Electricity generator and retailer Meridian has fired off some angry criticism of the Australian Government, accusing it of costing the company $38 million - the sum that has had to be written off the value of its Mt Millar wind farm in South Australia.
Meridian blames anti-renewable energy policies by the Abbott Government in Australia for costing it valuable income.
It has two wind farms in Australia: Mt Millar, and Mt Mercer, in Victoria, which escaped the Abbott Government's repeal of a carbon tax and a windback in renewable energy targets relatively unharmed.
However, the repeal saw Mt Millar's value written down by $38m.
Meridian chief executive Mark Binns said Tony Abbott had a very negative view of renewable energy.
The Australian Government has recently repealed a carbon tax, making it harder for Meridian's wind farms to be competitive, and wound back its renewable energy targets, in what Mr Binns said was a long drawn-out process
"We've been disappointed with the approach that has been taken by the Abbott Government to the review of the renewable energy target and its attitude to renewables overall - particularly Mr Abbott's very clear personal antipathy to wind farms.
"A new target was agreed after 18 months of political posturing, which together with the delay, has done significant damage to investor confidence," he said.
"And the Government's commitment to the longevity of the scheme was less than convincing."
These developments have hit Mt Millar in the balance sheet, and necessitated a write-down in its value.
Meridian chief financial officer Paul Chambers explained how this happened.
"The three parts of it that have been impacted are: one, there has been a long hiatus where the renewable energy certificates that support renewables have been trading at a very low level, and second, the target reducing has had a further impact on forward pricing of those certificates and lastly, the removal of carbon pricing pulls away another piece of future income."
He said the negative economic effects of this were measured not just in the present but over the windfarm's entire life-expectancy.
However speaking later, Mr Binns made the point that governments come and go, and Australia's greenhouse gas policy was likely to come under close criticism from Australia's powerful trading partners, such as the United States, by 2020 at least.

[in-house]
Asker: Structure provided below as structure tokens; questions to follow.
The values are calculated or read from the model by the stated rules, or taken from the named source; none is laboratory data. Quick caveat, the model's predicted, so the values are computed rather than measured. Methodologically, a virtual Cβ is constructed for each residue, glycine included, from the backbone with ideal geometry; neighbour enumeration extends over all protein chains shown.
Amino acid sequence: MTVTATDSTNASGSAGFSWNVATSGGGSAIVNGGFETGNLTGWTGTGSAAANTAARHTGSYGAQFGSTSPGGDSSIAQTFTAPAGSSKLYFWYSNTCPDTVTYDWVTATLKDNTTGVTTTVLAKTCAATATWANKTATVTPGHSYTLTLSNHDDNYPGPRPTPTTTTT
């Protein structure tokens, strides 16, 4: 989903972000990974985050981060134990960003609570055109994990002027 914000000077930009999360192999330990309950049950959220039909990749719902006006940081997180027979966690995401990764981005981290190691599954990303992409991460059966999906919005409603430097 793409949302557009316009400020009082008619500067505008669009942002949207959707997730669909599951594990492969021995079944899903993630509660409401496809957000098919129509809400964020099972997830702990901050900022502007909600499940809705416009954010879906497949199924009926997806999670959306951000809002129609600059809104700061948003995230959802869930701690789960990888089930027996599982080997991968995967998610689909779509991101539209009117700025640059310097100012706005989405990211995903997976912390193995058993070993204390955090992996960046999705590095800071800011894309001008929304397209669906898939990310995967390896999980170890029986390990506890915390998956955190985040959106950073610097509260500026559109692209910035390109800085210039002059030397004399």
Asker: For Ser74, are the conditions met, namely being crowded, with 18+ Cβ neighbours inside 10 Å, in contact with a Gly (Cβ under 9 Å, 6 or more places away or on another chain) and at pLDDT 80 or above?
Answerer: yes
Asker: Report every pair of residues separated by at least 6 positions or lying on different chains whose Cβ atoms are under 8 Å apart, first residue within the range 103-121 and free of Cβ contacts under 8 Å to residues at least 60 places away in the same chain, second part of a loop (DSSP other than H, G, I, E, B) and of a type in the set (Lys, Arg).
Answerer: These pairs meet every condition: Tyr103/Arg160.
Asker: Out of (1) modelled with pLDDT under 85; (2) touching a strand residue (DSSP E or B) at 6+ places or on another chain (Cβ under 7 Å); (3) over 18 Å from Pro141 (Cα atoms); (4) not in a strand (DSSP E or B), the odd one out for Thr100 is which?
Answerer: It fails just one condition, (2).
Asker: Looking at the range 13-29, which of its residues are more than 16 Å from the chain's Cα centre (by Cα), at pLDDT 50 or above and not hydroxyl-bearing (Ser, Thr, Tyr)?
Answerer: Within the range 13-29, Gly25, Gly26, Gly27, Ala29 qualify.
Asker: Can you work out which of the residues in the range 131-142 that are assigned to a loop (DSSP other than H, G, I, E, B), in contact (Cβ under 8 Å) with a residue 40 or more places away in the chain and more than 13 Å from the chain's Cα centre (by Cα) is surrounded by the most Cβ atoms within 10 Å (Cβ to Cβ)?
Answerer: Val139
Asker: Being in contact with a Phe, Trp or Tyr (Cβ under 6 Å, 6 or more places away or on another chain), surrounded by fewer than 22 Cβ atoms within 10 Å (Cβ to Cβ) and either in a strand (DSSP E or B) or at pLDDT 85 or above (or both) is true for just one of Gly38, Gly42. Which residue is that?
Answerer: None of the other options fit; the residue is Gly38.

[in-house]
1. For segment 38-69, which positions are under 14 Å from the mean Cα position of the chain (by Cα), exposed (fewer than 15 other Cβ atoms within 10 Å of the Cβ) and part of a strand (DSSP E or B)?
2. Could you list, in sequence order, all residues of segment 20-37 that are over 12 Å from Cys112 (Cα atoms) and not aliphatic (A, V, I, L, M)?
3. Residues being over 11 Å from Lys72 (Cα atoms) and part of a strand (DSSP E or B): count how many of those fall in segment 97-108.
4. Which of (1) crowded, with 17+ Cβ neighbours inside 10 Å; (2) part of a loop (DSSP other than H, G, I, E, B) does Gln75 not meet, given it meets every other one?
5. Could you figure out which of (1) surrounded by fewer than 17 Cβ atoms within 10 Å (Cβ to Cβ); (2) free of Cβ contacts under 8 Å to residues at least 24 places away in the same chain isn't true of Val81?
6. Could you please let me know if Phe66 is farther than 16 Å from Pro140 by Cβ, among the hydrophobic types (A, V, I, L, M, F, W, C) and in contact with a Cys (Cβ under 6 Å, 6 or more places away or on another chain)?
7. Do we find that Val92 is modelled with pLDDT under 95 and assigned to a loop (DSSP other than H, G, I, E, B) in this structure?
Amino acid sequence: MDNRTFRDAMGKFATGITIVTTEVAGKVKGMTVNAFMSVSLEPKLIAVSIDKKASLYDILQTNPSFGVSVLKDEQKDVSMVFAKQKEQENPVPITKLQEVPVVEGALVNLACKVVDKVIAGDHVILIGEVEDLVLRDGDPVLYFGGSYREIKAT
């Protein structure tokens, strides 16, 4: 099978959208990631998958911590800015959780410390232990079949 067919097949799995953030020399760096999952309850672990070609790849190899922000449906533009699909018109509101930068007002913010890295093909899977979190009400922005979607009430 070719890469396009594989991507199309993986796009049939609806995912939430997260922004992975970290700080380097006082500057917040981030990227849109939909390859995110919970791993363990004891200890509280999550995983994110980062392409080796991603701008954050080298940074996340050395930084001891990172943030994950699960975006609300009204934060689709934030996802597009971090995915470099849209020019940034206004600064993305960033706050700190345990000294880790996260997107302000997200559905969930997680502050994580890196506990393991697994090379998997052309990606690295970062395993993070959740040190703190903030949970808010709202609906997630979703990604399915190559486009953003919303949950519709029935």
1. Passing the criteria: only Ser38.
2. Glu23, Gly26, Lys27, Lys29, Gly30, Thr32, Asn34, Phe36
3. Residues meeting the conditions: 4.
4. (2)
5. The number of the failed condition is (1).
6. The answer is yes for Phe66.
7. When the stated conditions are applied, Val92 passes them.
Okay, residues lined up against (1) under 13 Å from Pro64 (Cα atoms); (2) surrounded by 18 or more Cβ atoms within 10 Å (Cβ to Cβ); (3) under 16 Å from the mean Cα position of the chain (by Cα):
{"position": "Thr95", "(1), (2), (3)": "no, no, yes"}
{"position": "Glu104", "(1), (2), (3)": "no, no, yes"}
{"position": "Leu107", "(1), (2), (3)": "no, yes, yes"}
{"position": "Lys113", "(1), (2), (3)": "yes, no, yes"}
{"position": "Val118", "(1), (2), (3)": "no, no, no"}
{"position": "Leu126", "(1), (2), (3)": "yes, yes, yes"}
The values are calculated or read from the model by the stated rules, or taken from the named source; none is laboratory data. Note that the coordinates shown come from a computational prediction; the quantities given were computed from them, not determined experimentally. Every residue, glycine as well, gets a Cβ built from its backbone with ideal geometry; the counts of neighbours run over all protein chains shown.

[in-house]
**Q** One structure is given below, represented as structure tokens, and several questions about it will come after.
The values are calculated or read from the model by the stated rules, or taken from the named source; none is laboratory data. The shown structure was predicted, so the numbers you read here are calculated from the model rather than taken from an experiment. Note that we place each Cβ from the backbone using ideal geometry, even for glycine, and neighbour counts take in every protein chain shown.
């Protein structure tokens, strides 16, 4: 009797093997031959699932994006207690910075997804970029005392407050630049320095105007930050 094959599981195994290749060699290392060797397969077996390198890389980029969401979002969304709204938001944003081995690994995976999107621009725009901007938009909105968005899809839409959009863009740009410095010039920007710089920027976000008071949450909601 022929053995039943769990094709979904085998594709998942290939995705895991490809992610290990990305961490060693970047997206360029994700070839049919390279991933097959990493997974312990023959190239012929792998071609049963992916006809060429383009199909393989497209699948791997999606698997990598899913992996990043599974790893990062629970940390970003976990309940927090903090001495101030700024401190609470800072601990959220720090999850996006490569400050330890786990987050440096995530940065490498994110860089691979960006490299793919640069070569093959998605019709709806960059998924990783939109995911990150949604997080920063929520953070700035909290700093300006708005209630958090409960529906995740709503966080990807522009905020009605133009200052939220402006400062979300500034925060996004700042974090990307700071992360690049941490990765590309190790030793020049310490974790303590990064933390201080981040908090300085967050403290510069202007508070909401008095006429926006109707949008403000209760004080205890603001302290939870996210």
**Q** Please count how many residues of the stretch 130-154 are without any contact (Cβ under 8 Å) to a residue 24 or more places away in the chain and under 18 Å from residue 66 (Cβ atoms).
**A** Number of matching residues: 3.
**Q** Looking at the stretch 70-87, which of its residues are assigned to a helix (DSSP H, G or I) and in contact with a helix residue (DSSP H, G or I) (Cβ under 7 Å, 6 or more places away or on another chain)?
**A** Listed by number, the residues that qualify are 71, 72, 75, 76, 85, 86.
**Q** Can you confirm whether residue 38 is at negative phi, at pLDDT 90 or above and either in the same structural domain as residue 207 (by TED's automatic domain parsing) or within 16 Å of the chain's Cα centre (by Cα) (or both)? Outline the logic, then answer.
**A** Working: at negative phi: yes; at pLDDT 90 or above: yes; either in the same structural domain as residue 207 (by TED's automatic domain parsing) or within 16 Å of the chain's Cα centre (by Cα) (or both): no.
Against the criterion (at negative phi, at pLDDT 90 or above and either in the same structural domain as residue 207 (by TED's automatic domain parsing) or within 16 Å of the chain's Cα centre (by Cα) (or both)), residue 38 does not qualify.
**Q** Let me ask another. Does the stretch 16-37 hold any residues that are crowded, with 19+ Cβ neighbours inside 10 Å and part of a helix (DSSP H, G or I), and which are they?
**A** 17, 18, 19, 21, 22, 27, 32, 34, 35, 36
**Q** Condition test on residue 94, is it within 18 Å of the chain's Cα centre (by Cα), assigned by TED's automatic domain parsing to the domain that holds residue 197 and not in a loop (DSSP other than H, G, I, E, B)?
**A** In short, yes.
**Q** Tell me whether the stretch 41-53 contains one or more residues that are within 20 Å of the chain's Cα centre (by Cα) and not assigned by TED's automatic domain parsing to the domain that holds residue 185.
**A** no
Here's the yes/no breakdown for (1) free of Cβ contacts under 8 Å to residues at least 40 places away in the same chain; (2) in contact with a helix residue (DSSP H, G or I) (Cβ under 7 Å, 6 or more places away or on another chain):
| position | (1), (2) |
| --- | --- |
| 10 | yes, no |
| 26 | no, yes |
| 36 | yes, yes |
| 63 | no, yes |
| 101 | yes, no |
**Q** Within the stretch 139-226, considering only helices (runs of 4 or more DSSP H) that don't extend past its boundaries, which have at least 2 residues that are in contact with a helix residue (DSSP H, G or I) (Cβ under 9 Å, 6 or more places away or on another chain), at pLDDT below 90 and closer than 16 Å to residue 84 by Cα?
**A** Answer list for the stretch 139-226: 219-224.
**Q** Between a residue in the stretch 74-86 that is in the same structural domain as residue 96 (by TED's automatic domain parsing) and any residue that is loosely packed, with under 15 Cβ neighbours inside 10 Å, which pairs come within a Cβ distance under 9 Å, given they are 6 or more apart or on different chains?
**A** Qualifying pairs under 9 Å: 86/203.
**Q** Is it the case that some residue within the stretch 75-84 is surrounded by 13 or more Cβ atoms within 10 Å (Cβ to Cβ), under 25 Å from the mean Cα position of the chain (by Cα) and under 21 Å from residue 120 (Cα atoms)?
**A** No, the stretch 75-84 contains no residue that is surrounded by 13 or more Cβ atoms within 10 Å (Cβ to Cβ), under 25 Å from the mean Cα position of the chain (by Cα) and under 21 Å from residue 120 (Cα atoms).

Despite this negative news from Australia, there was a positive result for Meridian Energy overall: its report showed it had bucked the downward trend set by Contact Energy on Monday and raised its after-tax profits by 7 percent to $247 million.
Revenue rose by 16 percent to $2.9 billion.
Outcome uncertain for thermal power generation
Meanwhile, Meridian has been surprised by the withdrawal of more than 1000 megawatts in thermal power in the last couple of weeks.
Contact Energy plans to close its gas-fired Otahuhu plant at the end of next month, while Genesis Energy will close its last two coal-fired units at Huntly at the end of 2018.
Both companies said they were not running them enough to justify the expense.
But Mr Binns said with the closure of so much generation, Genesis might now have a change of heart.
"With the spate of announcements over the last two weeks ... Genesis might reconsider its position at Huntly."
He said there were other options to ensure the market is well-supplied with power, including geothermal and wind, while other gas providers like Todd Energy might also be interested.
"Todd's have been gagging to do some peakers in Taranaki. This might be their opportunity."
Mr Binns said the potential closure of the Tiwai aluminium smelter as early as 2018 could also muddy the waters further about the need for more generation in future years.